What is the climax, falling action and resolution of "Sonny's Blues"?  

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Karen P.L. Hardison | College Teacher | eNotes Employee

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The climax of the short story "Sonny's Blues" is when the brothers wittiness a scene at a revival meeting. The narrator witnesses it from an upstairs window while Sonny witnesses it from the street. The women in the incident address each other as "Sister."

A literary climax is the moment at which the end result of the conflict is predictable, events turn at that point and lead to the resolution. It may be a moment of great emotion or action but it may also be a moment of quiet epiphany and revelation, as is the case in "Sonny's Blues."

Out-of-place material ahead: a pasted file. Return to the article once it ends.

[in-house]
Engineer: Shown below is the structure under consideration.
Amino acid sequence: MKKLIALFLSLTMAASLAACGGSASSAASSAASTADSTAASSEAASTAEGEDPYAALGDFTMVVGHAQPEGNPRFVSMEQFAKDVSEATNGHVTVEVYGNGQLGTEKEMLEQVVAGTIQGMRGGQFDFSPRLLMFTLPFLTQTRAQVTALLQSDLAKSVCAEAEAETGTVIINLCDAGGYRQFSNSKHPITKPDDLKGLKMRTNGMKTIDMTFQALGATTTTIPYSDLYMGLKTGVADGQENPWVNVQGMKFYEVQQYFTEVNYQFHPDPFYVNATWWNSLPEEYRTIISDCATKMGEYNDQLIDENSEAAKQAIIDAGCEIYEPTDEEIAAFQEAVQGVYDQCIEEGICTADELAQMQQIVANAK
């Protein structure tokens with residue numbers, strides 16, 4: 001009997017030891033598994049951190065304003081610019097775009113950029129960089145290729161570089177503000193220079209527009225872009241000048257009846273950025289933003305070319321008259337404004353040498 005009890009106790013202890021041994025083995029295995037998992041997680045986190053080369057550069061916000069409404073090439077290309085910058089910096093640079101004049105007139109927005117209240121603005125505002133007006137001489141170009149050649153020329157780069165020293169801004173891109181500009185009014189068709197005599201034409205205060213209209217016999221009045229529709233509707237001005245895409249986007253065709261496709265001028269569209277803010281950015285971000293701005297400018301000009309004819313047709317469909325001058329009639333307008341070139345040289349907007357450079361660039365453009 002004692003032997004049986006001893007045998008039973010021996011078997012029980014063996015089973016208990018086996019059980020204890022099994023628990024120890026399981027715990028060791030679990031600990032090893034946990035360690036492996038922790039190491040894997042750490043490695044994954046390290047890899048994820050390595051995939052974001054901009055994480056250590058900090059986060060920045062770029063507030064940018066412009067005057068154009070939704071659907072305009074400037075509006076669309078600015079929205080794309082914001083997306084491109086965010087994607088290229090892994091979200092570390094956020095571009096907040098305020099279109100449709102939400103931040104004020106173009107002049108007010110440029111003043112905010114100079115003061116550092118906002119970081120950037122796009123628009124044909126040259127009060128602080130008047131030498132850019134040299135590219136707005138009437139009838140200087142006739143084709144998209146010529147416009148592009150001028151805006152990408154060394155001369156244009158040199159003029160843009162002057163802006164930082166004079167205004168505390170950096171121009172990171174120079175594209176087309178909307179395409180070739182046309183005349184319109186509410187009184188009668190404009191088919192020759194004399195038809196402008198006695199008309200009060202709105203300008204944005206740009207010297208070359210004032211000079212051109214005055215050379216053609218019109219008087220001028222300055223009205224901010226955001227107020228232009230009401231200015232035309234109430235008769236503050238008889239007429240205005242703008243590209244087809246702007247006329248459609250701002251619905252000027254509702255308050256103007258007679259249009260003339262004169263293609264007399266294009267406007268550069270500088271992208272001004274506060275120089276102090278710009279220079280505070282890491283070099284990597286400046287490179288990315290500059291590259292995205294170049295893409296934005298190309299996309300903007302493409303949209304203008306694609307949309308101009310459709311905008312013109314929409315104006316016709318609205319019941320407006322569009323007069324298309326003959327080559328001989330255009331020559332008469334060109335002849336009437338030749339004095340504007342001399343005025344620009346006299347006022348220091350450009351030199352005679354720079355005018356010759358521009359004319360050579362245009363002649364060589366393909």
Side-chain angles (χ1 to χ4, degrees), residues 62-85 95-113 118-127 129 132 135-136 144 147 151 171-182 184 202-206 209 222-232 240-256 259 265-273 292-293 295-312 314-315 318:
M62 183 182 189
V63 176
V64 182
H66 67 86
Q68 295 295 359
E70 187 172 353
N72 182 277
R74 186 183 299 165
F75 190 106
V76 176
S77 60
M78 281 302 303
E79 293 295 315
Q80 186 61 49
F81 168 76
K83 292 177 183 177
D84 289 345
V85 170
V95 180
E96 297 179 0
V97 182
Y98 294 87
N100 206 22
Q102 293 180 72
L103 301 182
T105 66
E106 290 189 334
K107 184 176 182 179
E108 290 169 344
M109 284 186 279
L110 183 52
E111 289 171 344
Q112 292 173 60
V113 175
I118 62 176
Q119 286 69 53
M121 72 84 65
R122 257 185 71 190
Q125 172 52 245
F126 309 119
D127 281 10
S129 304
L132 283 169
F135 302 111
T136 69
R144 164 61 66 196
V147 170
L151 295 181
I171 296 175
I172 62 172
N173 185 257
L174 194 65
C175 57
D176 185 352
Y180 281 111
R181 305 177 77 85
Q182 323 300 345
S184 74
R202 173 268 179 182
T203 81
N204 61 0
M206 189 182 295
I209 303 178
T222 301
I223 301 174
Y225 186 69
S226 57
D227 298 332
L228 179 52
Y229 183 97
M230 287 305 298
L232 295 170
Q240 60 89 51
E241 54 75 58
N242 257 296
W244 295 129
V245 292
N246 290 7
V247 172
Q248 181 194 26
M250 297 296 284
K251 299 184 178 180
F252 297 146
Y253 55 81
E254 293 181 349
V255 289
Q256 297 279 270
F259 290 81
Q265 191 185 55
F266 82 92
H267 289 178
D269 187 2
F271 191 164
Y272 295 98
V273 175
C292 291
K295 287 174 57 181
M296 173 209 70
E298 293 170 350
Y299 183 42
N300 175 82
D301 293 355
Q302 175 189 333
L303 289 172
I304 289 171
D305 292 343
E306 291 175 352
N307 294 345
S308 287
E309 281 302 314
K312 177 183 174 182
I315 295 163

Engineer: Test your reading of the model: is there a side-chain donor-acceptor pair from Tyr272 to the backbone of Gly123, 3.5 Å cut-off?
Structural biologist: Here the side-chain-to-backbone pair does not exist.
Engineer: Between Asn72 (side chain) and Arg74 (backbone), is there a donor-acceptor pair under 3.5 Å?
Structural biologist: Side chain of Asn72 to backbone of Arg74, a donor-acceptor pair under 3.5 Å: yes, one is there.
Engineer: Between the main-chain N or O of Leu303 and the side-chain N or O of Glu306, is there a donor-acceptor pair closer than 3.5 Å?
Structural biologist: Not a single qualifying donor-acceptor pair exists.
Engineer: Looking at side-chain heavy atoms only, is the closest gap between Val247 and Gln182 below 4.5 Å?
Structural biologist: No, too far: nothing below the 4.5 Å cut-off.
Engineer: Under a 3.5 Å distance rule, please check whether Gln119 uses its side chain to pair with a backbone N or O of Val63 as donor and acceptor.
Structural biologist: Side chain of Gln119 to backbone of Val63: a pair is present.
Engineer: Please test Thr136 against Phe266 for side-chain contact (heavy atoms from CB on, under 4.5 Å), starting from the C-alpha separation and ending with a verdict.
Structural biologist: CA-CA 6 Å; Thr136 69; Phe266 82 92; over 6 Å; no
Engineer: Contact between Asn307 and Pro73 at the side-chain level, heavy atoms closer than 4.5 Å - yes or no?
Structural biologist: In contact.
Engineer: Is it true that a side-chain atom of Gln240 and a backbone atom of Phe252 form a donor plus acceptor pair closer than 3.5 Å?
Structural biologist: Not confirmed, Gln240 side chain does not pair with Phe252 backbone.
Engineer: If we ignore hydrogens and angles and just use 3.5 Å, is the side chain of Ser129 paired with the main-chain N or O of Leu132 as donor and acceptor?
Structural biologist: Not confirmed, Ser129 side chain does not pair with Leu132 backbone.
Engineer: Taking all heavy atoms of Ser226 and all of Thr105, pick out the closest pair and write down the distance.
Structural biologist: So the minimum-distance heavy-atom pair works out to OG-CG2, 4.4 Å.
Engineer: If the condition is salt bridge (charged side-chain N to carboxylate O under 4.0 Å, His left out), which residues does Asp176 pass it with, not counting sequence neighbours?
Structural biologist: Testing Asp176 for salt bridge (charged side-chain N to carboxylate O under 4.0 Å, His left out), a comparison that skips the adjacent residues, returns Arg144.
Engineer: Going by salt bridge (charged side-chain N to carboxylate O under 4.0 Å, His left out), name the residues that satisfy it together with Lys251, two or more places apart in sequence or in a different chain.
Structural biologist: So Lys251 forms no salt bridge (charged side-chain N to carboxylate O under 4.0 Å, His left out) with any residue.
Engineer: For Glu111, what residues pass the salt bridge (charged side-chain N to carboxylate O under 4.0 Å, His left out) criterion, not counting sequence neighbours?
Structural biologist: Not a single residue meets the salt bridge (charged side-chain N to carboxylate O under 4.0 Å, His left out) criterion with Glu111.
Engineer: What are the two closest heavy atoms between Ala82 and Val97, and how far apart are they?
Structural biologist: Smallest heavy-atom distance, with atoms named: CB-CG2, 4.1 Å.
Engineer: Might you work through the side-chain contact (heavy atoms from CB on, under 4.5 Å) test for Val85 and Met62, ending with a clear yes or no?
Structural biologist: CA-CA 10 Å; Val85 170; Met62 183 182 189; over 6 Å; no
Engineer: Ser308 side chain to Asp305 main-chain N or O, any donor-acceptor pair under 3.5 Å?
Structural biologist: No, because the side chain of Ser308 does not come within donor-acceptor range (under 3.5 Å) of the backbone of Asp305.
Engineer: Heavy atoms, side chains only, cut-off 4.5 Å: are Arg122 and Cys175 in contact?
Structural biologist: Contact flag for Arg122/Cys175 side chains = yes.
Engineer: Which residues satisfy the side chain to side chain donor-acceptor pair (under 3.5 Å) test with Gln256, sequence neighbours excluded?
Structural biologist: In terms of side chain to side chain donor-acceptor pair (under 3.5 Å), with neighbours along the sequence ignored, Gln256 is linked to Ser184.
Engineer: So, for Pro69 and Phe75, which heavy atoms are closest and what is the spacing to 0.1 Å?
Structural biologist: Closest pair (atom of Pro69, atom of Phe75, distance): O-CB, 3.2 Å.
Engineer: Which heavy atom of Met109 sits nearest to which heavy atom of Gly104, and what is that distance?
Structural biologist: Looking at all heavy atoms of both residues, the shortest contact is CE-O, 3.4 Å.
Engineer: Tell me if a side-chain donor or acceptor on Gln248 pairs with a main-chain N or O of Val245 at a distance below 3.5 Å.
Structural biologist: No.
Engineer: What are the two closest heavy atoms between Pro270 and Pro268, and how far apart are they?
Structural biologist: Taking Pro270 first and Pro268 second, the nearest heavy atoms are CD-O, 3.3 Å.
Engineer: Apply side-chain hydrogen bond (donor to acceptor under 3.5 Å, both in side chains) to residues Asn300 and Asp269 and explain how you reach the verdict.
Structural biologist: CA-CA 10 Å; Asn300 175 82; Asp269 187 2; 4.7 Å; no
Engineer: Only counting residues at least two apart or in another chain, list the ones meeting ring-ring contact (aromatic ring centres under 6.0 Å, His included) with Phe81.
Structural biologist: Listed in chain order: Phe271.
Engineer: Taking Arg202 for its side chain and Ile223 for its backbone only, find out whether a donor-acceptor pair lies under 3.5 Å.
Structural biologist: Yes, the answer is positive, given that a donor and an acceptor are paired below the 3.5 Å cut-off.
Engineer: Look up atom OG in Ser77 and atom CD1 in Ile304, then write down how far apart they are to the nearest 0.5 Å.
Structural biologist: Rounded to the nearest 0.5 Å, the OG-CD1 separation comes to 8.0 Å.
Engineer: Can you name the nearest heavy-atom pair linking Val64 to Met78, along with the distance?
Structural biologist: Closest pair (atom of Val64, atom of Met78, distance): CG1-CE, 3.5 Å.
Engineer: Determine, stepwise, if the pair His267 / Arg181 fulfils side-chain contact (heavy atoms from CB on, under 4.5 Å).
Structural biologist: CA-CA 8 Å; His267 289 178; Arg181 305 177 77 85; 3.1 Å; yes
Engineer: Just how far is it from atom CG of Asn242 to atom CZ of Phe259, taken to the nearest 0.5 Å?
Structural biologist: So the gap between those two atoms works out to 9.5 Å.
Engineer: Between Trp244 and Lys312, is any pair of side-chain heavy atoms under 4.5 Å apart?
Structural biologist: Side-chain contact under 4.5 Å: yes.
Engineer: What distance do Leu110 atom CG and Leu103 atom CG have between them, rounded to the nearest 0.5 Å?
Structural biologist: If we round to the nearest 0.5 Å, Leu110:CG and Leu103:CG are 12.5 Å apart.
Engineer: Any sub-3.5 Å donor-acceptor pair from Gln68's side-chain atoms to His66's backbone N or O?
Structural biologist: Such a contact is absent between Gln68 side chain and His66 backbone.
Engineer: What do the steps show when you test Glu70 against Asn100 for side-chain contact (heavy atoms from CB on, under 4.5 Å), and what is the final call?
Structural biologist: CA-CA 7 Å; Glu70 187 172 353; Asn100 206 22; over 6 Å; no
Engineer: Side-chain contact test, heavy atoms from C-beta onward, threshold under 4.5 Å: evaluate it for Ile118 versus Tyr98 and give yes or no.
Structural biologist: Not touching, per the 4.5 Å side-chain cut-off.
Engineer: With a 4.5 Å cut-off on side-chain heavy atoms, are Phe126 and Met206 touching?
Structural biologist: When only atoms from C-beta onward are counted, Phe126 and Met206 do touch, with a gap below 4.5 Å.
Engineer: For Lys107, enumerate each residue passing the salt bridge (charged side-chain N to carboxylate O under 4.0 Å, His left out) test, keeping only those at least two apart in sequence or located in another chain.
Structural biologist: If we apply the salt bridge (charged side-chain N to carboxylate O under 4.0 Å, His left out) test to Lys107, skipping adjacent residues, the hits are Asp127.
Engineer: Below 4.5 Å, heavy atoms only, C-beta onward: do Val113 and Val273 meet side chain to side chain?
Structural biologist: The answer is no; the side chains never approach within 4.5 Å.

After the revival scene the falling action starts when the brothers confide in each other and the narrator tries for the first time to see Sonny's point of view. They go to the club together and Sonny plays, taking control of the music and making something worthwhile of himself out of it. The narrator, in the audience listening and watching, understands that Sonny has held onto and built up his personal identity through the blues, and he realizes there is a universal truth to the worthwhile nature of blues. This is the resolution.

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